The omega-3 fatty acids, which we mainly get through the consumption of fatty fish, have long been considered good for our health. Many dietary studies have suggested that high intake is associated with a reduced risk of various disorders. Clinical studies have also shown beneficial anti-inflammatory effects in patients taking omega-3 supplements. Recent research by NTNU supports previous discoveries and has also found new, useful effects of omega-3 supplements and how these lipids dampen harmful inflammatory reactions in the body. Despite numerous published dietary and clinical studies, we do not yet understand how omega-3 fatty acids act on our cells and whether this varies from person to person, between healthy and diseased individuals or if the mechanism of action varies in different tissues and cells. What we are more sure about is that omega-3 fatty acids can dampen inflammatory reactions. Inflammatory reactions are very important in the fight against infections, but they can be harmful if activated too strongly or in the absence of bacteria and viruses, as in autoimmune diseases and organ transplants. Macrophages, which are immune cells that live in all tissues and organs, play a key role in coordinating inflammatory reactions in the body and monitoring everything that happens in our tissues. Macrophages convert the information they get through various sensors or receptors on their surface to the secretion of various signal substances similar to hormones (cytokines) that control all parts of the inflammatory reactions.
We are increasingly aware that macrophages can be more or less powerful in activating inflammatory reactions. So-called sterile inflammatory reactions, such as autoimmune diseases, are often directly harmful. The ability of macrophages to stimulate inflammatory reactions depends on the processes within macrophages. Autophagy is one of the processes within macrophages that is important if a macrophage is calm or hyperactive. Autophagy (which means “self-eating”) is a key process for the degradation of non-functional or unnecessary proteins and other components within our cells. In recent years, we have learned a lot about how important this process is, say the researchers. The Nobel Prize in Physiology or Medicine 2016 was awarded to Yoshinori Ohsumi for the discovery of key genes that control autophagy. Autophagy constantly continues in all cells and increases if the cells are hungry or injured. It has been hypothesized that omega-3 fatty acids could dampen inflammatory reactions by increasing autophagy in macrophages. If so, this effect could change the transformation of the signal in the macrophage and, consequently, suppress the activation of inflammatory reactions. By studying macrophages isolated from mice and humans, scientists have discovered that omega-3 fatty acids activate autophagy and in particular influence certain proteins that transform signals from the environment.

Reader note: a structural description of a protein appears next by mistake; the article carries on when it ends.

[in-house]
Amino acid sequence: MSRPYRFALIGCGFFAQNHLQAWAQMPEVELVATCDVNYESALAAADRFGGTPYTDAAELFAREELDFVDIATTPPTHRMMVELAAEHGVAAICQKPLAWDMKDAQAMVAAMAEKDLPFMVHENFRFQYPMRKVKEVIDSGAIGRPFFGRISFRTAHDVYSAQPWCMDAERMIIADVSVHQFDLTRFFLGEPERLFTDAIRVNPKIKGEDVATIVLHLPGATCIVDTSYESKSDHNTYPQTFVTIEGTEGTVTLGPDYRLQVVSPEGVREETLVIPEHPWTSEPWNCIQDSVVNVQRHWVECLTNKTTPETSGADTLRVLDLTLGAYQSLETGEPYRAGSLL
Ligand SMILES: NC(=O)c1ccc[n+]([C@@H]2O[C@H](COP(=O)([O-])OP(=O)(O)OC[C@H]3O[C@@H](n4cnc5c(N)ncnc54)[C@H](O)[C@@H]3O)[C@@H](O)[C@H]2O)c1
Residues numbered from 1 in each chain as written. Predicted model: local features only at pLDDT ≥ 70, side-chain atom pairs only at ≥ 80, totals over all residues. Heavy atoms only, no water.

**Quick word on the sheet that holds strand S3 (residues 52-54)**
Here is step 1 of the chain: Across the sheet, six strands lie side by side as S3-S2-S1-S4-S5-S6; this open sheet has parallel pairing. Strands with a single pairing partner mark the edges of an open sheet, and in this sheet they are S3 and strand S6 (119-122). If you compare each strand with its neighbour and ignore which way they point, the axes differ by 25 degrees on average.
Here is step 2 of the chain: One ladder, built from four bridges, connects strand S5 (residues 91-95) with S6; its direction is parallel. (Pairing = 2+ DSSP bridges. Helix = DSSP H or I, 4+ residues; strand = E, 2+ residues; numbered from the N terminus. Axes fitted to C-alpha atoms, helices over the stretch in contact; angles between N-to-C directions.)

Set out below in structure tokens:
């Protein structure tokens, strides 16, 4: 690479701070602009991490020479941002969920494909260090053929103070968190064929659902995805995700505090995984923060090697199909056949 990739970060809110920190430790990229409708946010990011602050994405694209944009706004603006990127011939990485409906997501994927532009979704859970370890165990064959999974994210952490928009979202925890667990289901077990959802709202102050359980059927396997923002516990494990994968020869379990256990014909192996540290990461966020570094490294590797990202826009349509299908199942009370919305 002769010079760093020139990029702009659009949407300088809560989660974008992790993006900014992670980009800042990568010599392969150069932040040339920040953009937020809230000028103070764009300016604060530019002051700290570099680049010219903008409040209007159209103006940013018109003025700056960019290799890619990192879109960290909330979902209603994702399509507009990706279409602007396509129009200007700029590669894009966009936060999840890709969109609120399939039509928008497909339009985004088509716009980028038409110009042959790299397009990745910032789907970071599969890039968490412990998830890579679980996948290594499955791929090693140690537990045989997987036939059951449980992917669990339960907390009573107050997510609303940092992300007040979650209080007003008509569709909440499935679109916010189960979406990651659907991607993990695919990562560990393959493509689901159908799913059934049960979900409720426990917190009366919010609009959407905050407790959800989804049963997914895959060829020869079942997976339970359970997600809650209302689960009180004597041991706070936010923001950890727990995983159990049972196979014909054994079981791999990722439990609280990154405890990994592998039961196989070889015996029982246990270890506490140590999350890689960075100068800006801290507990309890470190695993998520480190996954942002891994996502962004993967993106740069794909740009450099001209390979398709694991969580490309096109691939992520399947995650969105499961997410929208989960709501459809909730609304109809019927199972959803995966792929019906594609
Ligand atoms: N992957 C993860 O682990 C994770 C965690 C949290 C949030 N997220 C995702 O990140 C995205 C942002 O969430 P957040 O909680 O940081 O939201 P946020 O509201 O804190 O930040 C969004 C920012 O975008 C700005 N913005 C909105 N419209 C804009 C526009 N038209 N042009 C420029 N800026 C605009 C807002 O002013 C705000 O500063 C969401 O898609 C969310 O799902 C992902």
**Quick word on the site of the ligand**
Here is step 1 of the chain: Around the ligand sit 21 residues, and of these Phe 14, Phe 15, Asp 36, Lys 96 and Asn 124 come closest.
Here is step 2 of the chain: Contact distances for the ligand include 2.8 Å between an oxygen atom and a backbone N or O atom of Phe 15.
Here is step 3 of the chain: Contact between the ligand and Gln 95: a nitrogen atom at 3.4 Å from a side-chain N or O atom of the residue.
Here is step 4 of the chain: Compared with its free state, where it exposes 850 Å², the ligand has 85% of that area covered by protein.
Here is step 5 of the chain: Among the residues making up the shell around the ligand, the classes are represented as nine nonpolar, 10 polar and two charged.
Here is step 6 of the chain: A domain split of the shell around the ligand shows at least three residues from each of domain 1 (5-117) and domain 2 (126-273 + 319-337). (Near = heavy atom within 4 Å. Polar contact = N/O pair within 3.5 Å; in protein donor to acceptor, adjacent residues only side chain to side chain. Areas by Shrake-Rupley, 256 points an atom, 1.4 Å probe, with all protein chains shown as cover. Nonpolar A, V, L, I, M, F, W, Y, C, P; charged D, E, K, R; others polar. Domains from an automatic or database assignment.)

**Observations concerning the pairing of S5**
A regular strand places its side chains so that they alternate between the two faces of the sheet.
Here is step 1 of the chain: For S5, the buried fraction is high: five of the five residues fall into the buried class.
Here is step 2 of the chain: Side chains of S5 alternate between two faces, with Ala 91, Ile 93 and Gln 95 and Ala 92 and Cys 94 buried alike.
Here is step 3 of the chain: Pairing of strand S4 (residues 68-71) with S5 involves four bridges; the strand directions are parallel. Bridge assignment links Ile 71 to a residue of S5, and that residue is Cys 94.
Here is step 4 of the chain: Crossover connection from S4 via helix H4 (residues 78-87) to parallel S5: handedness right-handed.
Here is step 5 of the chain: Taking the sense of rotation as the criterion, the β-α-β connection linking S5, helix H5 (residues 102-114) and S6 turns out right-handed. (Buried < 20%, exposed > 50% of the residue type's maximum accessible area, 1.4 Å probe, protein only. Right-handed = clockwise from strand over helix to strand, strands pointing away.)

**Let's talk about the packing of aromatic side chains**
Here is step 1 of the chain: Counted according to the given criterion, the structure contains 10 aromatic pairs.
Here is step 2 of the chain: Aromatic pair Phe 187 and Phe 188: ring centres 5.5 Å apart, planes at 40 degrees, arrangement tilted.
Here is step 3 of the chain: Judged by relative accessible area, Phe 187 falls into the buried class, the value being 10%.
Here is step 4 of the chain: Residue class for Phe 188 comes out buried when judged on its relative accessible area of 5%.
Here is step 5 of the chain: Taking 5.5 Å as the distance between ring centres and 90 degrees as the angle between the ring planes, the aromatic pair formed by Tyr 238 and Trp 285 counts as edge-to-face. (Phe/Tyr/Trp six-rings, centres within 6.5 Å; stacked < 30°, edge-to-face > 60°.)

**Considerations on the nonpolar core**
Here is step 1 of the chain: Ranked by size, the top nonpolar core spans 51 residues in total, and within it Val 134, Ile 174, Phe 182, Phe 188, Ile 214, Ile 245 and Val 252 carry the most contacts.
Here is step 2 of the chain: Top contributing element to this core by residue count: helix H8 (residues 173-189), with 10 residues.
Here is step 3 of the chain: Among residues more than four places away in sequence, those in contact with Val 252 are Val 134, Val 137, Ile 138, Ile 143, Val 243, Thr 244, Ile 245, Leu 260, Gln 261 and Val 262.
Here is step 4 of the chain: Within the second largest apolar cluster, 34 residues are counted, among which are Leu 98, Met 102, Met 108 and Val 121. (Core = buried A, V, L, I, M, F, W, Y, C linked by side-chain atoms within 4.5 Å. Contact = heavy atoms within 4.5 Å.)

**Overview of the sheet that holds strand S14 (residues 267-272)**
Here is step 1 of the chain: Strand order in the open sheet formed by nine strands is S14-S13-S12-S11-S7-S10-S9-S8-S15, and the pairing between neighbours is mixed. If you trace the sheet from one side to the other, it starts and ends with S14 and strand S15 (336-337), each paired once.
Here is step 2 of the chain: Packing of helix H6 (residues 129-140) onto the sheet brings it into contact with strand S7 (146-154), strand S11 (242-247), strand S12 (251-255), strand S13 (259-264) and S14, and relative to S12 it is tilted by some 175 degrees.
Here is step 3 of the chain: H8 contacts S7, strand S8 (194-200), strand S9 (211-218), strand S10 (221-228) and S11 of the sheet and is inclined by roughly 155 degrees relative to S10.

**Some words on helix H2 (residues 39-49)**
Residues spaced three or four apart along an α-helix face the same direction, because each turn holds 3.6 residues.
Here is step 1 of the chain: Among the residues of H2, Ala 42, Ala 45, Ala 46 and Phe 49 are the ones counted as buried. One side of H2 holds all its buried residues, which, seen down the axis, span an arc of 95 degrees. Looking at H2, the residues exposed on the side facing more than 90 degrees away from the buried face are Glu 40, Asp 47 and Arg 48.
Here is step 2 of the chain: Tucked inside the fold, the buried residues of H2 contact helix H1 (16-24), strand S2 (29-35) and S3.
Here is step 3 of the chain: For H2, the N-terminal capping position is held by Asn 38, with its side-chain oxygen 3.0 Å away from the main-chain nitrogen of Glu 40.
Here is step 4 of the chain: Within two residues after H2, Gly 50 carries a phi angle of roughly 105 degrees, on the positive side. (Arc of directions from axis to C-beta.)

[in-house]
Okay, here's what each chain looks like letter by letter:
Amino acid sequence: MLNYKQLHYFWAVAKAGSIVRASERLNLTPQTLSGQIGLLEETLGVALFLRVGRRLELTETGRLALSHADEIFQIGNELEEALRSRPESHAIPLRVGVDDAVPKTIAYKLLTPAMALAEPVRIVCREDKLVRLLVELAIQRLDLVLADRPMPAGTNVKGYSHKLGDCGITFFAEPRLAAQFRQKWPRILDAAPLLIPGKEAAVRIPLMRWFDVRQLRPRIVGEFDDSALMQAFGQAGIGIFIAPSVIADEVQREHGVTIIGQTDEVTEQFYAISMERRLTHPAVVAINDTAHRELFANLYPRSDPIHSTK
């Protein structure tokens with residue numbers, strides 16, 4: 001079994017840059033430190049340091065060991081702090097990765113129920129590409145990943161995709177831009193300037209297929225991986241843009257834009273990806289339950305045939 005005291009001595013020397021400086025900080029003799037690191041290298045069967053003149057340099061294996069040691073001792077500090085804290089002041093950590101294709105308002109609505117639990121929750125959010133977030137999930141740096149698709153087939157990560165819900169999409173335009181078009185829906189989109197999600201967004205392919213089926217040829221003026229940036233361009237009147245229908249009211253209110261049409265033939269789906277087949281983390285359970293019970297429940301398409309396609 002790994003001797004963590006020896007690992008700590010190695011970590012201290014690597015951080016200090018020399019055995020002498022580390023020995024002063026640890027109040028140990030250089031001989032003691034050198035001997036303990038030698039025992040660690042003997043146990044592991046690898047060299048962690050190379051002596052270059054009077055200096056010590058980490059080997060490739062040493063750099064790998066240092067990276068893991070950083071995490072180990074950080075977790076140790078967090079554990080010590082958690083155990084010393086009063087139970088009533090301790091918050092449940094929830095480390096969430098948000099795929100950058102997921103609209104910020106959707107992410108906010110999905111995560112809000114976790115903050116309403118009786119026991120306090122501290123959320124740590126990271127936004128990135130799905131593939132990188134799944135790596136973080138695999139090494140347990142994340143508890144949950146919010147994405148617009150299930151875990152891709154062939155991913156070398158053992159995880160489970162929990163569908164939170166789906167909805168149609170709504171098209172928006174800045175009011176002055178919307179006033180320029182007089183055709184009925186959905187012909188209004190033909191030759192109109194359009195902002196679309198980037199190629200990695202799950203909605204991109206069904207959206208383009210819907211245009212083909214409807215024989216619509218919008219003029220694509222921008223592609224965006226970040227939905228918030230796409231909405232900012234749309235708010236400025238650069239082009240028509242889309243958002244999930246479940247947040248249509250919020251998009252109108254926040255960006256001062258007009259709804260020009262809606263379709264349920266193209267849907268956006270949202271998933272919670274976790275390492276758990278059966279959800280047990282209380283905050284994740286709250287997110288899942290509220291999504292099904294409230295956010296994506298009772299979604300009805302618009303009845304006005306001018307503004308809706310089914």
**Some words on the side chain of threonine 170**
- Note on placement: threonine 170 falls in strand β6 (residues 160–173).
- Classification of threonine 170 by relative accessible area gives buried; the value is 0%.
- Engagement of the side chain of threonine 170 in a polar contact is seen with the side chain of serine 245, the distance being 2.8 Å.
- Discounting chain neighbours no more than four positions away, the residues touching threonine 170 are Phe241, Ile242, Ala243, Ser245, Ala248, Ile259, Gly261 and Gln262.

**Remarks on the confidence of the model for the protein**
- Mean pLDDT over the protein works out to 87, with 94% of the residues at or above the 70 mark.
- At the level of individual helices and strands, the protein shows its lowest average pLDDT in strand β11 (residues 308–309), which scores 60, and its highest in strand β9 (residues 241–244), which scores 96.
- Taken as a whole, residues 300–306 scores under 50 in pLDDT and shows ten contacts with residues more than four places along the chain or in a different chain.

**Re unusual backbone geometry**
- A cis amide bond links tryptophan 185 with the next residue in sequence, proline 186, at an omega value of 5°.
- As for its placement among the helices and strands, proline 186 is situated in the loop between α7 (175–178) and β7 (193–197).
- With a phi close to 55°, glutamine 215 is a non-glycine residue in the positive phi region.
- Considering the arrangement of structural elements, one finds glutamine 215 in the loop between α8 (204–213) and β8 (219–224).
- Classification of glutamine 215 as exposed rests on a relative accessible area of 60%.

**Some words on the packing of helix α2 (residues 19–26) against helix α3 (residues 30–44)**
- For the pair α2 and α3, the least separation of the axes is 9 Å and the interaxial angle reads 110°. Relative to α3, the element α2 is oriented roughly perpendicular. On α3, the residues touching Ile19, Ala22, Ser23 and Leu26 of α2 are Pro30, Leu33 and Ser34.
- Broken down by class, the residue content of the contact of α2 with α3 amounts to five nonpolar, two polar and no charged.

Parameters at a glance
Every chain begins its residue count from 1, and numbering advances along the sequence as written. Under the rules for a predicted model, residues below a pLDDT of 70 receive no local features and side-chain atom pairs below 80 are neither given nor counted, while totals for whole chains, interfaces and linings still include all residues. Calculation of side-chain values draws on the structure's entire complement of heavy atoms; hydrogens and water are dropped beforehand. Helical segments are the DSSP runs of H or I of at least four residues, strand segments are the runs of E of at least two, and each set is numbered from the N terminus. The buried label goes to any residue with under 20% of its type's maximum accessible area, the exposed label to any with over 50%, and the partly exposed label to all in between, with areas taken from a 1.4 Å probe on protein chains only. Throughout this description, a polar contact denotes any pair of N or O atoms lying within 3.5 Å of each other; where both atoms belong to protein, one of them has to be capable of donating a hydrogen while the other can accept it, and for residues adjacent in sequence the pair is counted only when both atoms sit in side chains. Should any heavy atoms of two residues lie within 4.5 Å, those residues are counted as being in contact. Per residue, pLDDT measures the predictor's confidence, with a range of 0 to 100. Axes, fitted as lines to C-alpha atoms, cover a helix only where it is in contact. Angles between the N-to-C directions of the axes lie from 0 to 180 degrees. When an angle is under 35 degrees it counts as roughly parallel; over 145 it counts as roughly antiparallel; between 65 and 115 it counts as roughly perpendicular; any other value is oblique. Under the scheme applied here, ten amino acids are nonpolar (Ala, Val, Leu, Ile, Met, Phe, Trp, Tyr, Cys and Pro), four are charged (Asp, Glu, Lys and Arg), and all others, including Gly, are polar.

Moreover, they have shown that omega-3 fatty acids have attenuated many inflammatory mechanisms within macrophages, but especially reduced what is known as a response to type 1 interferon. CXCL-10 is a type of cytokine defined as chemokine, which macrophages secrete as part of this interferon response following many types of stimuli, and was the most clearly reduced factor after adding omega-3 to cells. The team then examined blood samples from a clinical study of patients undergoing heart transplantation, in which they knew that omega 3 supplements improved their clinical status. In these cases, it was found that omega-3 fatty acids reduced the level of CXCL-10. Autophagy thus changes in macrophages in response to omega-3 fatty acids and specifically inhibits the secretion of inflammatory factors belonging to the interferon response, with CXCL-10 showing the clearest reduction. Previously, the team reported that physiologically relevant doses of the omega-3 called DHA increased the turnover of “labeled” proteins in retinal pigment cells (ARPE-19), probably reducing the risk of age-related macular degeneration. The plasma level of CXCL10 is reduced by omega-3 intake but increased in the placebo group in hypertensive heart transplant patients.
These results indicate that omega-3 fatty acid supplements may be particularly useful in patients who have conditions that are guided or exacerbated by a strong response to the interferon and CXCL-10. These could include patients with different forms of cancer, meningitis, multiple sclerosis and Alzheimer’s disease.
- edited by Dr. Gianfrancesco Cormaci, PhD, specialist in Clinical Biochemistry.
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